• Being the APEX Body, protect the interest of our customers and being a strong Advocate to the Government.
  • Ensuring cost effective strategies are developed and implemented in the logistics and value chain to make our members more competitive.
  • Facilitating greater efficiencies in logistics by reducing logistics barriers and simplifying trade.
  • Facilitating a level playing field by developing and promoting a code of conduct / ethics for our customers (members).

It is the Council's firm belief that in order to be competitive with the international market Sri Lankan shippers should;

  • Have a clear understanding when deciding on Carriers /Freight rates and be clear and free of any ambiguity with regard to the Freight rates and matters prevailing in the Market.
  • Have freight and associated costs stabled particularly for traditional exports such as tea, rubber, coconut products, which account for at least 70% of total export volume out of Sri Lanka. A major part of the turnover of these exports in foreign exchange is retained in the country and it is vital to protect these industries from international competition. Furthermore, these commodities are with relatively low margins and usually with forward trading patterns cannot absorb constant and continuous cost escalations.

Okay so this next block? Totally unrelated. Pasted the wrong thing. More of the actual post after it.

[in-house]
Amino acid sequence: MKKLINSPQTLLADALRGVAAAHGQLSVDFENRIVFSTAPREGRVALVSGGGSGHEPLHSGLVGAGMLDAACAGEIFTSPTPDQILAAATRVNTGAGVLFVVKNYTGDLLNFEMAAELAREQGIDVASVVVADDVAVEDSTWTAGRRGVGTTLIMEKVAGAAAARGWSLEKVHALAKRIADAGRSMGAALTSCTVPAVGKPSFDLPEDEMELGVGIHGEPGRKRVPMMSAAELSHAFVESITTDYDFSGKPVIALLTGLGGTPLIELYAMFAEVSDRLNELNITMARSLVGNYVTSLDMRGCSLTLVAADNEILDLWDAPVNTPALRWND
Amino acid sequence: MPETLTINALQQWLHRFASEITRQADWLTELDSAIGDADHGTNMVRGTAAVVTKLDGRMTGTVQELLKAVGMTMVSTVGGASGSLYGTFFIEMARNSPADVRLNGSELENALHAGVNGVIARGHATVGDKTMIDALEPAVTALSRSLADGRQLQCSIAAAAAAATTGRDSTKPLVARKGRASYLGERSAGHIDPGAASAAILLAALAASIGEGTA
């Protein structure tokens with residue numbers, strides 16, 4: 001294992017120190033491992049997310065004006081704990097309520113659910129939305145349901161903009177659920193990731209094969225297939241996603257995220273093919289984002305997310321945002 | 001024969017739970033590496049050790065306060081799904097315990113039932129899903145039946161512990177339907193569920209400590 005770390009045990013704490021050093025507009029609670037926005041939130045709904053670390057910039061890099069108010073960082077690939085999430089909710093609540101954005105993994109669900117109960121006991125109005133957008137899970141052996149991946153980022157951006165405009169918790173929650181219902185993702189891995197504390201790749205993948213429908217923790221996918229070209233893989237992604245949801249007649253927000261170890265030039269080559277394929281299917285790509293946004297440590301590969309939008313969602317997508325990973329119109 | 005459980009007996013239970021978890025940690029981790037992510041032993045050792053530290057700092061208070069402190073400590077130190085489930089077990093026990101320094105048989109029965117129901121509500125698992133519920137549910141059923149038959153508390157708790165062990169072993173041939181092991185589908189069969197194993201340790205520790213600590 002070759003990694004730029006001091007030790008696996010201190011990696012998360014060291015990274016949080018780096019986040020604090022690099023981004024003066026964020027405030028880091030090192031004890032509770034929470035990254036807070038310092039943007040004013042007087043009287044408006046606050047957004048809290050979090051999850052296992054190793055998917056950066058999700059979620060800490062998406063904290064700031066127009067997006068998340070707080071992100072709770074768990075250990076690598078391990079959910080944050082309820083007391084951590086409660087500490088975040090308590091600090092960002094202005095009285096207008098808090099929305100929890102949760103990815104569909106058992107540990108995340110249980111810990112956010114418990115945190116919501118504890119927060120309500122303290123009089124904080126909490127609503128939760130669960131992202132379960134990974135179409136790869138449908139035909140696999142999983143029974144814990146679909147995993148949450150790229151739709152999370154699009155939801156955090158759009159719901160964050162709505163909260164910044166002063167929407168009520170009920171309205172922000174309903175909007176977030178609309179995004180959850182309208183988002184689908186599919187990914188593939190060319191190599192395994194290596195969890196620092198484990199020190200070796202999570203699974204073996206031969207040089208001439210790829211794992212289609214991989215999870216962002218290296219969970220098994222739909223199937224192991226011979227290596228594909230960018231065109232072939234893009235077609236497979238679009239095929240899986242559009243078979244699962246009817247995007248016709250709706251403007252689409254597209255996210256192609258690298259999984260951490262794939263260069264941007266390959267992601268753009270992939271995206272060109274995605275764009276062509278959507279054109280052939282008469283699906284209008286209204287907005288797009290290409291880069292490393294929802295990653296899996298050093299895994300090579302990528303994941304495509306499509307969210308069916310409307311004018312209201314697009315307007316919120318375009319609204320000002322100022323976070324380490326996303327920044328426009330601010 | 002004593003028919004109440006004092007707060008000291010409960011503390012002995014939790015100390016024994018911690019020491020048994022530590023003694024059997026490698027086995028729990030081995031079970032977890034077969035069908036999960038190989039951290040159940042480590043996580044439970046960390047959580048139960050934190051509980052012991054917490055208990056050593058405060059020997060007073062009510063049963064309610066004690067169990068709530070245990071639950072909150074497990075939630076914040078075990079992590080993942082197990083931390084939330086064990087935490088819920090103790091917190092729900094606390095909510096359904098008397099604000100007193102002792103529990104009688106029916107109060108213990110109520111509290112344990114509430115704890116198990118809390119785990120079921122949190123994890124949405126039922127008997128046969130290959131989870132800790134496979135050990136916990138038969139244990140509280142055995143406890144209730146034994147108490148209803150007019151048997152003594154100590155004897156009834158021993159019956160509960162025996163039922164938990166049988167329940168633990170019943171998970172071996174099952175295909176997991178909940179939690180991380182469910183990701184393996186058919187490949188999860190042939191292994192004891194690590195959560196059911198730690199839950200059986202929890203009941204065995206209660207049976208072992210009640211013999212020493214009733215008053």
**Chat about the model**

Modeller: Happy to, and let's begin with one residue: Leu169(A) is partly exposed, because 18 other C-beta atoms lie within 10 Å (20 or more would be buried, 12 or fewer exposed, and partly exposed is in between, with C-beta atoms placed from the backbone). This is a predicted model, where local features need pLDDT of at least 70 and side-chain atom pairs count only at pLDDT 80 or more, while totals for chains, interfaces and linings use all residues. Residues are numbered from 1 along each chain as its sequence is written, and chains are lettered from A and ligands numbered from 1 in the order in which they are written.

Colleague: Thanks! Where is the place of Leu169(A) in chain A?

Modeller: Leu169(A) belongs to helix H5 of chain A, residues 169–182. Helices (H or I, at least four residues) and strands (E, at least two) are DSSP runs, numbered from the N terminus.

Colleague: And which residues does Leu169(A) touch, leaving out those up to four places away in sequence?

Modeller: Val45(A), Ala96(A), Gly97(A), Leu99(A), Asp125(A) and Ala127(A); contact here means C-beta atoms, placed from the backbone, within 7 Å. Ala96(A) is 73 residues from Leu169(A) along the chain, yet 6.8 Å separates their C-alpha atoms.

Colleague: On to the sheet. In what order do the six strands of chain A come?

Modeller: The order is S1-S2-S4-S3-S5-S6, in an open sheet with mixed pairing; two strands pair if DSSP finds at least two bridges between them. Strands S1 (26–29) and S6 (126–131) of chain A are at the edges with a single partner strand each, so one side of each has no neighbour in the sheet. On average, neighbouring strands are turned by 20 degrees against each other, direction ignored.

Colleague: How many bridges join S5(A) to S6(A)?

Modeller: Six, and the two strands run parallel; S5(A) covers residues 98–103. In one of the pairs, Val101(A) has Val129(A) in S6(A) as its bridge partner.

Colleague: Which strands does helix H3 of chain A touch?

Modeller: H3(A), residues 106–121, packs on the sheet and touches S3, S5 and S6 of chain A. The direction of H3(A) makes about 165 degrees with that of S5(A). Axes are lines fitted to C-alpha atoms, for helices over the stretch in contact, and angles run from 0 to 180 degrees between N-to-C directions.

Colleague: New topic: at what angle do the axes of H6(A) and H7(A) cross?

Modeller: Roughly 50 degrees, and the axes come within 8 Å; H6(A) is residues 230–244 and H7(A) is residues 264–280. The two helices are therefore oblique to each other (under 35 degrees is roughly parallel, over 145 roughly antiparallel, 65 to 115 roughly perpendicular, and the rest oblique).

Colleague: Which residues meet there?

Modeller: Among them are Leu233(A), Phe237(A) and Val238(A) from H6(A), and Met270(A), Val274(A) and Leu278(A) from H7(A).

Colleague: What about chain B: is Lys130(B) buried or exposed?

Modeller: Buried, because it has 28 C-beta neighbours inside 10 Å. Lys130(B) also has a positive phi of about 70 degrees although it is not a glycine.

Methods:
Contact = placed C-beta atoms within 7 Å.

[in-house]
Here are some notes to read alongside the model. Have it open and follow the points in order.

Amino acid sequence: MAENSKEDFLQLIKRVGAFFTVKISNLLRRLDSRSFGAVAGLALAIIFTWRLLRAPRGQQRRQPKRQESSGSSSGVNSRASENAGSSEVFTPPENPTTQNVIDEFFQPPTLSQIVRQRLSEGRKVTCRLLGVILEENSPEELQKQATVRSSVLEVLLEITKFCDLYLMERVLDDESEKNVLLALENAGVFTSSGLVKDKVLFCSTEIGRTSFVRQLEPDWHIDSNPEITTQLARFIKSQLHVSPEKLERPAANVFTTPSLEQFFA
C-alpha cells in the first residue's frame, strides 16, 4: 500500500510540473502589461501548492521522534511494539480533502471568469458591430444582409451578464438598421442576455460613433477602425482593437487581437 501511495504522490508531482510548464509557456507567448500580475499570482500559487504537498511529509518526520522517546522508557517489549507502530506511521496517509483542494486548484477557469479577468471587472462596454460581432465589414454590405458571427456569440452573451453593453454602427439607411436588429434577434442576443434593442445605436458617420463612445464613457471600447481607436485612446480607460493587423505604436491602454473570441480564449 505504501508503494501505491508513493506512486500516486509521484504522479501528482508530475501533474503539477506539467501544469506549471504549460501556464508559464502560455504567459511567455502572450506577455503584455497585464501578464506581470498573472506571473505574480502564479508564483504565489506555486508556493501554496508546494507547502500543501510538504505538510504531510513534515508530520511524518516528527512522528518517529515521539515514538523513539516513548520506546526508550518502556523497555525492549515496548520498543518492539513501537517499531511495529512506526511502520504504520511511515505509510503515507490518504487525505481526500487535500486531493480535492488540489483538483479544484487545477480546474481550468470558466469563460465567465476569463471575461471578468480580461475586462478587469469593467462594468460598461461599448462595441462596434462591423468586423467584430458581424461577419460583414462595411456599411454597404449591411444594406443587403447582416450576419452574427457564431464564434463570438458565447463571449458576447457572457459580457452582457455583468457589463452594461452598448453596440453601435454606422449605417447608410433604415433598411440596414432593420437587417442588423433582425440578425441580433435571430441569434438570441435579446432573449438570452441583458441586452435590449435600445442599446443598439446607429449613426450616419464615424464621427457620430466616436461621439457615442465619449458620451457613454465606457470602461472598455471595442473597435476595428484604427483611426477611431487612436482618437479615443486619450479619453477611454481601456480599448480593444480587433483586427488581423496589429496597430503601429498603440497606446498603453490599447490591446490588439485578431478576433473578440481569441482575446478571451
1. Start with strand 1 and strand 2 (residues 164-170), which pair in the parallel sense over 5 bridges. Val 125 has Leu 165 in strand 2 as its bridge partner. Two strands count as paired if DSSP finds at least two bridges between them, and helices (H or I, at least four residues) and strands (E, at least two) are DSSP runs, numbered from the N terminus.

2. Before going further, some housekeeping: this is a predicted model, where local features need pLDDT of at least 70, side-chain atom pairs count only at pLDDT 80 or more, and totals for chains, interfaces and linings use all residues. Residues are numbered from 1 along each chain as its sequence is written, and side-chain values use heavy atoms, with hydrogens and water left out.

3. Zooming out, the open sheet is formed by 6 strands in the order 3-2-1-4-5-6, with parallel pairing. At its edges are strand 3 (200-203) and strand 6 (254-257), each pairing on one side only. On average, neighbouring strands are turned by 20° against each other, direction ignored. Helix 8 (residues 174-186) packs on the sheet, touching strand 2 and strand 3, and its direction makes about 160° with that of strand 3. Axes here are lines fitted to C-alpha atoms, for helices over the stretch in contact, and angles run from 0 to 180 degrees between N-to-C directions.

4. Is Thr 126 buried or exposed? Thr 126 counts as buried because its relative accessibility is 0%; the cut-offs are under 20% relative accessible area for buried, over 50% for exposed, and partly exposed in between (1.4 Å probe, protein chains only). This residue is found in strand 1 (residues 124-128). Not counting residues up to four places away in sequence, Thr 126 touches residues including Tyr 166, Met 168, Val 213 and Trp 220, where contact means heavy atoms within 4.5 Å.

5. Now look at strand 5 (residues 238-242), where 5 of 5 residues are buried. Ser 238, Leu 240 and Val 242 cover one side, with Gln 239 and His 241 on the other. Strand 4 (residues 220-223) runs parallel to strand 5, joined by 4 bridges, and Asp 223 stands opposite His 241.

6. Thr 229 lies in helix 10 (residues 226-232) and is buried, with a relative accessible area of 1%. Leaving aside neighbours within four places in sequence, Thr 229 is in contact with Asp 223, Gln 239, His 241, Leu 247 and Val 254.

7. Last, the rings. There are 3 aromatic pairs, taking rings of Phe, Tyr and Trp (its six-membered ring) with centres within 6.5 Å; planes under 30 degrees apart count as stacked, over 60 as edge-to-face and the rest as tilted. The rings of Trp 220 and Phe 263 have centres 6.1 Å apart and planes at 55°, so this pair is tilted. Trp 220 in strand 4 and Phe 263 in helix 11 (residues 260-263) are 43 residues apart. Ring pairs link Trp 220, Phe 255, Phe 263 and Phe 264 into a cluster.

• Concurrently are the major exports such as garments are usually traded on FOB terms and the local manufacturers are constantly under pressure to provide low priced services, thus are unable to absorb any additional charges keeping in mind that almost all material for these industries are being imported. Therefore the constant increases in charges could seriously affect such industries as they are called upon to pay these charges both at the point of import of raw materials and export of finished products.
  • Have reasonable Service providers who would not take undue advantage from their captive customers.
  • Importers should check and negotiate destination charges at Colombo through their suppliers prior to imports, thereby eliminating ad hoc charges at the time of clearance.



Logistics is the process of planning, implementing, and controlling the efficient & effective flow of goods, & services etc, from point of origin to point of consumption with the purpose of conforming to customer requirements

Our objectives and key benefits to members